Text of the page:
If you live in a town with a population of over 1,000, chances are good that you’ve heard about CBD. But what is it? Weed, hemp or something else? Actually, CBD is sort of both and neither at the same time. Cannabidiol (CBD) is a non-intoxicating compound found in cannabis plants that reportedly has the potential to treat everything from anxiety to certain forms of epilepsy.
One of dozens of compounds in cannabis called cannabinoids, CBD can be extracted in high amounts from certain strains of hemp, a form of cannabis with 0.3 percent THC or less that was legalized federally at the end of 2018. However, CBD can also be found in certain marijuana strains that carry THC amounts much higher than 0.3 percent — and while hemp has been legalized federally, CBD products still exist in a gray area in states that haven’t addressed hemp or legal marijuana. Fortunately for Coloradans, our state is ahead of the pack.
Colorado’s marijuana and hemp laws have made hemp-derived CBD clearly legal in this state, with food, drinks, lotions and other products infused with CBD for sale in a wide range of businesses. Still, there’s plenty of confusion over CBD and what it does.
Here are the ABCs of CBD in Colorado:
The Science Behind CBD
A decade ago, CBD was a little-used substance, but then medical and recreational cannabis research began showing the cannabinoid’s potential to treat certain medical issues without the intoxicating effects of THC found in traditional marijuana. Noticing the increased interest, marijuana and hemp growers began selectively breeding strains to get their plants to levels as high as 30 percent CBD. After videos of CBD oil putting a stop to seizures suffered by epileptic children swept the Internet, the exposure brought more attention to CBD’s other uses, and has helped advance cannabis legalization efforts worldwide.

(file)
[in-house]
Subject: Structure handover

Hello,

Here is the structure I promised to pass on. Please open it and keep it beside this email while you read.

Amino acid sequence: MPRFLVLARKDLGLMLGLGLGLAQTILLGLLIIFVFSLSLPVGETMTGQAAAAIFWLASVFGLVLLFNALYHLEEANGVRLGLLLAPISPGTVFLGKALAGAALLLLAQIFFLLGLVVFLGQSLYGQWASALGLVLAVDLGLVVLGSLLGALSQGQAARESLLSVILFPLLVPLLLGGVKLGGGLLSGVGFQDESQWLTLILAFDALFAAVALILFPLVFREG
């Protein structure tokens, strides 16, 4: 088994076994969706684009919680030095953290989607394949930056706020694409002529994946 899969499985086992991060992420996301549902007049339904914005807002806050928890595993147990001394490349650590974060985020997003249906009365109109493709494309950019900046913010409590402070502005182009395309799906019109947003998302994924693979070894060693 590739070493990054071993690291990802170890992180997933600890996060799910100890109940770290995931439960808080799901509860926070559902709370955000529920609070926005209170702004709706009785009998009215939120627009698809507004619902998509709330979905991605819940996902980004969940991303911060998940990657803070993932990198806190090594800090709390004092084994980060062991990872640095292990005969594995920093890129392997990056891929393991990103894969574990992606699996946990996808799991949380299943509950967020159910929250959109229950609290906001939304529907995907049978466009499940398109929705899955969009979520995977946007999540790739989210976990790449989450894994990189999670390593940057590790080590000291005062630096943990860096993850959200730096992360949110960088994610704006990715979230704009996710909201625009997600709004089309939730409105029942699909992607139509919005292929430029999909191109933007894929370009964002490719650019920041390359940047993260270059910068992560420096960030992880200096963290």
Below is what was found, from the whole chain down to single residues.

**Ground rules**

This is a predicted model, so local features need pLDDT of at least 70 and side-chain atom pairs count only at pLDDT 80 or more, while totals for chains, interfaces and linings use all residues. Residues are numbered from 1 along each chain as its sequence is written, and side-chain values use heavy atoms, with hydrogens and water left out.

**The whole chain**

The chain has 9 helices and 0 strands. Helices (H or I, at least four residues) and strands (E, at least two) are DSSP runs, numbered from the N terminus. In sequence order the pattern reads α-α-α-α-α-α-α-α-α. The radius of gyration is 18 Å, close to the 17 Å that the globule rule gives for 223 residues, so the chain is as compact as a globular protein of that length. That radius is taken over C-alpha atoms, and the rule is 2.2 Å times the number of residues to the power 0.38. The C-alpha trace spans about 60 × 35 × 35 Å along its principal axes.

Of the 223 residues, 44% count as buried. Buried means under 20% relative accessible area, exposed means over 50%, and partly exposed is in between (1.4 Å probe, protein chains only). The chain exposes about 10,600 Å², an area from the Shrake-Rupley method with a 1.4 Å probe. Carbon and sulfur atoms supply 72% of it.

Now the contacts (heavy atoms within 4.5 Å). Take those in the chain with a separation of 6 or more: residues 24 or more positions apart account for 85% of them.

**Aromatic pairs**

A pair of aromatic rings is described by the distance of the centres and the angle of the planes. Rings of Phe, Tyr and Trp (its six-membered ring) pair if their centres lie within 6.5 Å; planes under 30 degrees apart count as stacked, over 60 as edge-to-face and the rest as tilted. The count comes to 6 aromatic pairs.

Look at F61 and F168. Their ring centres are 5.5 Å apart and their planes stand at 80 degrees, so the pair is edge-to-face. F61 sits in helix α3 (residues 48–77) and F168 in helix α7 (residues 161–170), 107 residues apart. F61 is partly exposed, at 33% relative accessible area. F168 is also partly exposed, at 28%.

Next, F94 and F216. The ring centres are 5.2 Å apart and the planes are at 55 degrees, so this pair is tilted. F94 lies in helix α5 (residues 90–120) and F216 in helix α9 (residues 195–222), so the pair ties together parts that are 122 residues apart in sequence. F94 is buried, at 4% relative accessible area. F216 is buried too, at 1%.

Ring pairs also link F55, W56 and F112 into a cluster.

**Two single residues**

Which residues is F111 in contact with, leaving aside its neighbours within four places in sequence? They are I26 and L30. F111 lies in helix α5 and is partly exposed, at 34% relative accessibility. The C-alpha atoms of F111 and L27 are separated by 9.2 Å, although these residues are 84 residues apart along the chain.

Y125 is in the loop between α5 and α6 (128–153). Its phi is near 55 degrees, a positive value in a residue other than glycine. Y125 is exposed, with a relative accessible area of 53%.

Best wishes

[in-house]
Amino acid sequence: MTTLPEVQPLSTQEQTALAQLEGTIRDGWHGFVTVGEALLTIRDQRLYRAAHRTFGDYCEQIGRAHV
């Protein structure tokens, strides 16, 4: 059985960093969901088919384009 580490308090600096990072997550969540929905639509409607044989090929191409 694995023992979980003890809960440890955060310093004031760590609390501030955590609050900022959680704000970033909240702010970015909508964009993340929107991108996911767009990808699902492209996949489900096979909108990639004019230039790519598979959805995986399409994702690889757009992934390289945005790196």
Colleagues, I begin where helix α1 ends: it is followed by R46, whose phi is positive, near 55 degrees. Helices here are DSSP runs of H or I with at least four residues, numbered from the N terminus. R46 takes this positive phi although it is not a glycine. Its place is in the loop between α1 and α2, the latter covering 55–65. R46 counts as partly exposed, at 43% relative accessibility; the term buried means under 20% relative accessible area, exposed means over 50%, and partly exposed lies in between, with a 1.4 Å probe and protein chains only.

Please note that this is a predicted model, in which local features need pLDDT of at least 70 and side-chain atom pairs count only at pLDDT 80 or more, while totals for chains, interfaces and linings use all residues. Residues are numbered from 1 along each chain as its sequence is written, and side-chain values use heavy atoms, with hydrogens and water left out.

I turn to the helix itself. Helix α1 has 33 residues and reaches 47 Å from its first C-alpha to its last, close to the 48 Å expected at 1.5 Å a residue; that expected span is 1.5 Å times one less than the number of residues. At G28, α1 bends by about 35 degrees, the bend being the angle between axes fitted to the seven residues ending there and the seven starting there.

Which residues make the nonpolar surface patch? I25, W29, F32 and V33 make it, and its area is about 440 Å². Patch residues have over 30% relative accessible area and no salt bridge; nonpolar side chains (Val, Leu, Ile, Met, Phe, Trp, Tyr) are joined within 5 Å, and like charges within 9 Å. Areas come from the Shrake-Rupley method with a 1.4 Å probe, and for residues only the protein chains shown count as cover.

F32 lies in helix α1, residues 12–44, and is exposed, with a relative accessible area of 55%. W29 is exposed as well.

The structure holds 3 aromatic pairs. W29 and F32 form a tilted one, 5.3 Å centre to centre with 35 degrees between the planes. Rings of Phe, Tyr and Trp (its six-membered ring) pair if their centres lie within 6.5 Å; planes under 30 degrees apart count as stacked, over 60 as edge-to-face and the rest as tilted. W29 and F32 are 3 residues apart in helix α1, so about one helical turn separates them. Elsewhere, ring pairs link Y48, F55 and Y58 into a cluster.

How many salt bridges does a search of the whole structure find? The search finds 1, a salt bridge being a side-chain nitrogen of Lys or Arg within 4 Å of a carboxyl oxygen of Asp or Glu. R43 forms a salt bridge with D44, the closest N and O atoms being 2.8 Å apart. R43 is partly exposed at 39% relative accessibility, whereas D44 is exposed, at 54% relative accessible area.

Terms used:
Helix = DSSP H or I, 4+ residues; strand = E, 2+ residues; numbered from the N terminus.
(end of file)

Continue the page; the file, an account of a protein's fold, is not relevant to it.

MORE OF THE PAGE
Limited studies have shown that CBD has the potential to help treat patients suffering from opioid addiction, chronic pain, inflammation, skin disorders, anxiety, poor blood sugar levels and other ailments ranging from mild to very serious. But that doesn’t mean it’s a cure-all. The human body has what’s called an endocannabinoid system, which receives cannabinoids like THC and CBD and acts as a sort of messenger, moving them into the brain’s receptors — and nobody’s brains and bodies are exactly the same. Some endocannabinoid systems don’t react optimally to CBD. Other users find that it does little more than make them groggy (but not high, and that’s the beauty of it). Because of this uncertain effect, it’s important to try CBD in small doses at first unless recommended otherwise by a doctor.
CBD products sold at marijuana dispensaries will contain a mix of THC and CBD for various medical and recreational purposes. Outside of dispensaries, you can find CBD products made from hemp that are non-intoxicating and, other than smoking or vaping items, generally don’t have an age limit for purchasing.
Current Laws Surrounding CBD
Colorado may have one of the least restrictive sets of CBD laws, but buying CBD is still not as black and white as buying a candy bar, or even alcohol or tobacco. Here’s the bottom line: If you’re inside Colorado, then CBD products made from hemp and licensed by local health agencies and the Colorado Department of Agriculture are legal and don’t have an age limit for purchase (though some stores will apply their own). Between 2012’s legalization of recreational marijuana and subsequent legislation to further define hemp-infused goods, anything made with CBD by a licensed company can be sold at any retailer, such as smoke shops, gas stations or grocery stores.